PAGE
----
Cafe a ‘homey’ spot in Old City

An alumna offers vegan and vegetarian options at Luna Café.

Sarah Levine, a 2010 marketing alumna, offers traditional American cuisine with vegetarian and vegan options at Luna Café. BILIN LIN FOR THE TEMPLE NEWS

As a small business owner, Sarah Levine is always thinking about sustainability and how to support the local economy.

Levine, a 2010 marketing alumna, opened Luna Café in February 2015 on Market Street near 3rd. The cafe serves American-style breakfast and lunch items along with vegan and vegetarian options. Levine aims to support the Philadelphia economy by using fresh and locally sourced products.

Levine, who is originally from the Poconos, came to Philadelphia to study at Temple in 2006. She has always worked in restaurants and has been passionate about owning a restaurant that uses local resources and sustainability, which made her interested in marketing and business. Levine said she wanted to incorporate sustainability into her career.

“I love food, and I think Philadelphia is a great food city, and I wanted to open a business that contributed to all these different aspects of the city and life and everything that I’m passionate about,” Levine said.

While finishing her master’s in entrepreneurship at Drexel University in 2014, Levine came across the Old City shop — which was then for sale — and it seemed perfect for a cafe.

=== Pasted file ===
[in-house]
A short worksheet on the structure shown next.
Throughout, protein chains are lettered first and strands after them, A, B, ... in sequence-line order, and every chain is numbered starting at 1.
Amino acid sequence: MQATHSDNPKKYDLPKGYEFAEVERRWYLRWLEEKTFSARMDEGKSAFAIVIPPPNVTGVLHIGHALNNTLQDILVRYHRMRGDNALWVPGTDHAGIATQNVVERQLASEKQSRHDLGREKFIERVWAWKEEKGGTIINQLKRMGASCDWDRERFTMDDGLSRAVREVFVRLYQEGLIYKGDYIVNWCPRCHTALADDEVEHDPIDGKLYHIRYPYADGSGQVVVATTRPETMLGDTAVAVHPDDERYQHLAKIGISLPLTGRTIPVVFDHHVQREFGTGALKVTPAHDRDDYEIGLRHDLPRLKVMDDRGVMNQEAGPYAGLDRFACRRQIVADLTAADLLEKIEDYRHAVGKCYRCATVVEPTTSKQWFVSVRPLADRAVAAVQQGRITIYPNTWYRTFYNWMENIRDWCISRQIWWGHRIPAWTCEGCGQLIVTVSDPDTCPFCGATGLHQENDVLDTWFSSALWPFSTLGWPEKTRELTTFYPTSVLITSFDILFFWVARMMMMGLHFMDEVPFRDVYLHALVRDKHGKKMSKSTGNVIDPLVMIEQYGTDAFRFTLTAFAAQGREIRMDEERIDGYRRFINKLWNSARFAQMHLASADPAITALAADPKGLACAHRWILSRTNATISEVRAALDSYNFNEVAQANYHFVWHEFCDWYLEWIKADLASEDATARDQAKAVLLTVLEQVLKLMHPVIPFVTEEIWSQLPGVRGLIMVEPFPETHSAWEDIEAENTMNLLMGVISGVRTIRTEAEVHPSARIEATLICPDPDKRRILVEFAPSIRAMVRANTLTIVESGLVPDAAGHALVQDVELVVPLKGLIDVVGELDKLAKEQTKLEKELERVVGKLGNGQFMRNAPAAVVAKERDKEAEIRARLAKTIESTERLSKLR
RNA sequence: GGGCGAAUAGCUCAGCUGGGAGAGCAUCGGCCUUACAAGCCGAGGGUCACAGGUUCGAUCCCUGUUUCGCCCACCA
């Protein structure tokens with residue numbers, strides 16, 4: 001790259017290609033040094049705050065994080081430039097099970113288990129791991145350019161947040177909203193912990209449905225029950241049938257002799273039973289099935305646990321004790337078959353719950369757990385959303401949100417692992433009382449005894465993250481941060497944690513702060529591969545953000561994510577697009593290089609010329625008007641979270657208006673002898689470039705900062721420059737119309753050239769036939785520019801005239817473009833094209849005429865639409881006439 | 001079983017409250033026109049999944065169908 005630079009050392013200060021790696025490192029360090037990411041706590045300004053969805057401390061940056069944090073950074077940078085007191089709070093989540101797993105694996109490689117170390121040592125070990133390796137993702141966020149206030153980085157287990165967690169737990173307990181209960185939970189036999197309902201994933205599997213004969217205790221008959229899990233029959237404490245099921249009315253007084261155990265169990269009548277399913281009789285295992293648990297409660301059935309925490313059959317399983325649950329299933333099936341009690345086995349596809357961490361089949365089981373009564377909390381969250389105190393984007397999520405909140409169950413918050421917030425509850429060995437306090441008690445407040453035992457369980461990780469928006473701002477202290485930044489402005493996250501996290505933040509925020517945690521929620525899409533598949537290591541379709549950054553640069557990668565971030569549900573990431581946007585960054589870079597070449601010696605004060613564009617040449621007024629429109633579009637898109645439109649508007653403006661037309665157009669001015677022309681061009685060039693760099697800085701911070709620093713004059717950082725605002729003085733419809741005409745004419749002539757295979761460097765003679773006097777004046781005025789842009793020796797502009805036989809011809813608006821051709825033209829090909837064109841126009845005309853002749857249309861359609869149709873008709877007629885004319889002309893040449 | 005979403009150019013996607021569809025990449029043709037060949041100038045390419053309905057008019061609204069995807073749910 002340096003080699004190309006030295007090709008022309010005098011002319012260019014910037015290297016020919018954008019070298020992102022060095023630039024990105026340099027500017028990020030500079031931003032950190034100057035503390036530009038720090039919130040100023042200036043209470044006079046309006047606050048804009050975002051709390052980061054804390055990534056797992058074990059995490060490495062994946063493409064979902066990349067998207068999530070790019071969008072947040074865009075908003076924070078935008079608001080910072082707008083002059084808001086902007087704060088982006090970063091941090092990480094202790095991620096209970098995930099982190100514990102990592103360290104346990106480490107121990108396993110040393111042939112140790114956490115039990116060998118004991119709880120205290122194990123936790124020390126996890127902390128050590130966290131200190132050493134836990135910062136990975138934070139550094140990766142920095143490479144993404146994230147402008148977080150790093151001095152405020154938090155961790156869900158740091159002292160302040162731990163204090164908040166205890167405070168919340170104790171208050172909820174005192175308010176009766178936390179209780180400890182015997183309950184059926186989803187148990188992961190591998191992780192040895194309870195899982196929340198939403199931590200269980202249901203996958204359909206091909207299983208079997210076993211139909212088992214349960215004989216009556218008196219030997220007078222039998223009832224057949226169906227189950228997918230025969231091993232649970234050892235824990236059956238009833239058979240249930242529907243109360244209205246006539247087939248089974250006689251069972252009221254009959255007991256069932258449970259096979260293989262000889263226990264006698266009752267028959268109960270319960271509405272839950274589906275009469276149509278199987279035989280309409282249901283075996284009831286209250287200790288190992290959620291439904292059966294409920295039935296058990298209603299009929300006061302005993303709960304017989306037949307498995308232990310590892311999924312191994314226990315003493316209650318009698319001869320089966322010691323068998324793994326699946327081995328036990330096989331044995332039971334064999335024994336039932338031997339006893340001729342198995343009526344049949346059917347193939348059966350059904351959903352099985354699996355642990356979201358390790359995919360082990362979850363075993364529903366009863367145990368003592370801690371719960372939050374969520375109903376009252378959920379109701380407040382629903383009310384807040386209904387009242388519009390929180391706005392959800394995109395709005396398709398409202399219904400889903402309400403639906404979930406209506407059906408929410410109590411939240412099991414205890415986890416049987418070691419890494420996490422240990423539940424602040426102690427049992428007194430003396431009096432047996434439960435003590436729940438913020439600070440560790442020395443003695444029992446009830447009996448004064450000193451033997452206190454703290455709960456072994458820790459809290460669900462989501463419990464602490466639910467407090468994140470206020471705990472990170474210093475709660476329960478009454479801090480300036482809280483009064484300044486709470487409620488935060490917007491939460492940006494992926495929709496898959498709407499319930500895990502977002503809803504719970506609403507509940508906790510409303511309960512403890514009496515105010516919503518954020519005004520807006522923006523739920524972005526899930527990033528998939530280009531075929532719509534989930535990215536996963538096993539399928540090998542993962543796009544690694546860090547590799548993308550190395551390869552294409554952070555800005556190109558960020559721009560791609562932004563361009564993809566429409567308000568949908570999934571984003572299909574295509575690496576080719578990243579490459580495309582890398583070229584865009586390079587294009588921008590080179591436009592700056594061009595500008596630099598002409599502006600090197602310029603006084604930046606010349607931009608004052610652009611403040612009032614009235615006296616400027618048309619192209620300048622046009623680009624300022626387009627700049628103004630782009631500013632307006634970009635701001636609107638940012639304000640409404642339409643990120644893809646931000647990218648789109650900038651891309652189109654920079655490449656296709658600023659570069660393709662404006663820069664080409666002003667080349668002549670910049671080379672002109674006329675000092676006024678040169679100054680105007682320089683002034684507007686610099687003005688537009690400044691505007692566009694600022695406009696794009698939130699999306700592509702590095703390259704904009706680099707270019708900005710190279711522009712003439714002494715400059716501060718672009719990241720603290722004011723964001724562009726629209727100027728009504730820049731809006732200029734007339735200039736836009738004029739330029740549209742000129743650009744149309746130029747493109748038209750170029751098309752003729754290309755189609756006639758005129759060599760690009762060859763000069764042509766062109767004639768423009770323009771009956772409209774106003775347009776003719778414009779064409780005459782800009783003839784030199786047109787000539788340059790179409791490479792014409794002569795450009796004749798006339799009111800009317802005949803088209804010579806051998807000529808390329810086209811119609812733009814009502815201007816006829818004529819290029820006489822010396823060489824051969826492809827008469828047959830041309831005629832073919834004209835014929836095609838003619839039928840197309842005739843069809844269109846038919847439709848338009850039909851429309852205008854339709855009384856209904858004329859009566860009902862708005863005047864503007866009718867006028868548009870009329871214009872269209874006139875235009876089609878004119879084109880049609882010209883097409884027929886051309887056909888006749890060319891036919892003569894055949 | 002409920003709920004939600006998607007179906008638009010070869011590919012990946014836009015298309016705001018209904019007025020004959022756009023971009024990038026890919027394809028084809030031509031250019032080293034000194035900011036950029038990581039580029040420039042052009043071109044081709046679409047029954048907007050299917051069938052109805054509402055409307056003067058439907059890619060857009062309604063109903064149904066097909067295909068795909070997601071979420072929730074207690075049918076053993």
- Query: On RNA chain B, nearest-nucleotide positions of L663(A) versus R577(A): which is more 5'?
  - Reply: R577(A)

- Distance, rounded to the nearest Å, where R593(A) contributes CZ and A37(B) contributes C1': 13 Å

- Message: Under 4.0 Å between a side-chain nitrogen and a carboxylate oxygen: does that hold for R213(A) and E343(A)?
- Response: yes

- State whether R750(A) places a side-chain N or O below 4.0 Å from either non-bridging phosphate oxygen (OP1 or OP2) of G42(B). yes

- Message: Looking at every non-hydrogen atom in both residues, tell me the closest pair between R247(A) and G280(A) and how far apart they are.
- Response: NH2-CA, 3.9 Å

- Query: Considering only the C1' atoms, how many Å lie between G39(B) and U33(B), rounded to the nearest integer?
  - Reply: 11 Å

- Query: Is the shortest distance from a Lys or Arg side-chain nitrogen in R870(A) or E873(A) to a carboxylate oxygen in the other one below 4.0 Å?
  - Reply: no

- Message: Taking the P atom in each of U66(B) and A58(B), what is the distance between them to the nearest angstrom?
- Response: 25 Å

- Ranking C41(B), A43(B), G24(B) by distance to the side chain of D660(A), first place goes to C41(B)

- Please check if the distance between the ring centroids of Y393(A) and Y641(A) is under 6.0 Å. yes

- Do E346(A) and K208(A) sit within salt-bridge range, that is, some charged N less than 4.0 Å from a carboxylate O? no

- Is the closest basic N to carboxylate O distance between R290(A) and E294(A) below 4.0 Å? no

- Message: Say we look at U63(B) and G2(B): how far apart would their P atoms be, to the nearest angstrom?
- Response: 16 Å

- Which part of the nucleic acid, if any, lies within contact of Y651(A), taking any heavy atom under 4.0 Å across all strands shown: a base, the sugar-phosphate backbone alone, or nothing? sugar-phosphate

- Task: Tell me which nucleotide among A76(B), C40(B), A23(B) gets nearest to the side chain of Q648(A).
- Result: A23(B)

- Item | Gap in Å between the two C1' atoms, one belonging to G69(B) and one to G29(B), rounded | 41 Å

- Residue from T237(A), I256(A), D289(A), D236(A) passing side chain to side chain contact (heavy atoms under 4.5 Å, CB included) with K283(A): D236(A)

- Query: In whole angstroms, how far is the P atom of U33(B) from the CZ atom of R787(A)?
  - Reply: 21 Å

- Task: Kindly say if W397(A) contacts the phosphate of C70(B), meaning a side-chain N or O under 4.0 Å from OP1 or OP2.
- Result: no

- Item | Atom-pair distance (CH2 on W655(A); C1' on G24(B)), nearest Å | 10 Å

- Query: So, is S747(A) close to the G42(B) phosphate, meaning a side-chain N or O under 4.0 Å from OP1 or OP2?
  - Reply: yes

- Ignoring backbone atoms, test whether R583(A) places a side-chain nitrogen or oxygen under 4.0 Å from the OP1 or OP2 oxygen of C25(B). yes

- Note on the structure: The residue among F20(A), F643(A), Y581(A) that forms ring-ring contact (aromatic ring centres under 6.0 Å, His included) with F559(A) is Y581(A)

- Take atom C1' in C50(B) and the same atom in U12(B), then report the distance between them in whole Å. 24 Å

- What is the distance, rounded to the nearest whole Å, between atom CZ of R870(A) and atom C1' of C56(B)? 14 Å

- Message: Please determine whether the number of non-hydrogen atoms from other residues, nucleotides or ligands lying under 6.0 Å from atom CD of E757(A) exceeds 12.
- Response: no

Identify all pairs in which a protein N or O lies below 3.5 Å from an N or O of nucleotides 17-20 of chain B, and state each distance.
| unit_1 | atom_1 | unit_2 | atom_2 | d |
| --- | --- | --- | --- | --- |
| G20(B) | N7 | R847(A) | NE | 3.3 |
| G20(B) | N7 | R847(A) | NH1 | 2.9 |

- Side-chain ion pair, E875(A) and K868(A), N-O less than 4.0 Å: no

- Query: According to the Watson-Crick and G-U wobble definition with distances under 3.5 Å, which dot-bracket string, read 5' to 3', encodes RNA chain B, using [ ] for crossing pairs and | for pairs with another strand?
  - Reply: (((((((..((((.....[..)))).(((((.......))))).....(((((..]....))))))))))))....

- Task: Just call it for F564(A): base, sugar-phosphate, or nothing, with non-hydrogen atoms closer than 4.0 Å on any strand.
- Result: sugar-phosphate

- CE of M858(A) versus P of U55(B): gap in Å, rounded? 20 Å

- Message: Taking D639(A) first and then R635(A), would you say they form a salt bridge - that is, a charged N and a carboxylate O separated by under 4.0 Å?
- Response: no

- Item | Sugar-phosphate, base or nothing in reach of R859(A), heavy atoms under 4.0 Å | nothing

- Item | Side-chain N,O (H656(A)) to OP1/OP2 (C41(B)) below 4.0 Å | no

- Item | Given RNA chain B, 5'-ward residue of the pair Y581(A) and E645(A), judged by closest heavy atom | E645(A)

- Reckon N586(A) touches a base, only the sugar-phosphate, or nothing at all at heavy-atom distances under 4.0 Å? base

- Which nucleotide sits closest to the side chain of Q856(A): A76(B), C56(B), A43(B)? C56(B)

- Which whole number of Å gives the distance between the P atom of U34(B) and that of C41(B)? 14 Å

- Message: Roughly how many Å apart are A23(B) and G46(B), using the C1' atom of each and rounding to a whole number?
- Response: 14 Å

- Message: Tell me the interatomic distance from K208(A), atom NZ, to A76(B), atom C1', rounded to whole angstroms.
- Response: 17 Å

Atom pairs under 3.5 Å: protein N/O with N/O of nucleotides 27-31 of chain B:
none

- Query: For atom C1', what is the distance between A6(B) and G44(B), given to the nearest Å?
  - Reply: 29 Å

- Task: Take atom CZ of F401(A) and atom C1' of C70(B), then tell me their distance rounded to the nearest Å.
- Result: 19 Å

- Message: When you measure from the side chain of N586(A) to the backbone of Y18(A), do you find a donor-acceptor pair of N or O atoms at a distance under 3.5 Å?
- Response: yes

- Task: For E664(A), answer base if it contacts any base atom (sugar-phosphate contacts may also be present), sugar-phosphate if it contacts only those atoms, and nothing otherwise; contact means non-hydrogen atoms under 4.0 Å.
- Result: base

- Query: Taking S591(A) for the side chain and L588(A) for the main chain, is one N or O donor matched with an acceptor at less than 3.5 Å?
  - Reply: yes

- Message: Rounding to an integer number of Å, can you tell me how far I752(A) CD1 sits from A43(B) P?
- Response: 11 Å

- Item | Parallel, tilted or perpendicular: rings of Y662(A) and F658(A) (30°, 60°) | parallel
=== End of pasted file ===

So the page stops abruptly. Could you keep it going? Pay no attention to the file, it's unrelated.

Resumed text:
“I chose this location because it’s small, intimate, has the cozy cafe feel and it is perfect for what we do,” Levine said.

Sarah Levine, a 2010 marketing alumna, opened Luna Café in February 2015 in Old City. The shop offers vegan and vegetarian options, as well as breakfast items like cinnamon apple french toast and quinoa bowls for lunch. BILIN LIN FOR THE TEMPLE NEWS

In Old City, Levine said she encounters a variety of customers: tourists, residents, local business owners, first-timers and regulars.

The shop currently serves breakfast and lunch with options like cinnamon apple french toast and quinoa bowls.

Levine added that she plans to modify her menu to include gluten-free options.

All of the cafe’s meat, dairy and vegetable products come from farms less than a hundred miles from Philadelphia. Levine also tries to recycle and uses a wind-powered compost to recycle organic, decayable material.

“I think that society is set up backwards in that we don’t make efforts to progress forward in a sustainable way,” she said. “Sourcing from local farms means that I’m cutting down on fossil fuels and I’m cutting down on pesticides.”

She admits that although it costs more to be a sustainable business, she thinks it’s the right thing to do, because it helps cut down on waste.

Dina Adan, who came to the cafe with her husband, Charlie, and their two children, was a first-time customer at Luna. She said the restaurant felt “homey.”

“We like that they use locally grown food,” said Adan, who owns a restaurant in Florida with her husband. “We like that they boost the economy here. It’s important for us.”

Frank and Helen Rachubinski have lived in Old City for more than two years and have eaten at Luna regularly since then.

“It does help the local economy and I feel like more of it should stay in the area,” Frank said.

“This cafe is exactly what I envisioned and I brought it to life,” Levine said. “I think that if you’re young and you want to do something, just go for it.”

Ayooluwa Ariyo can be reached at

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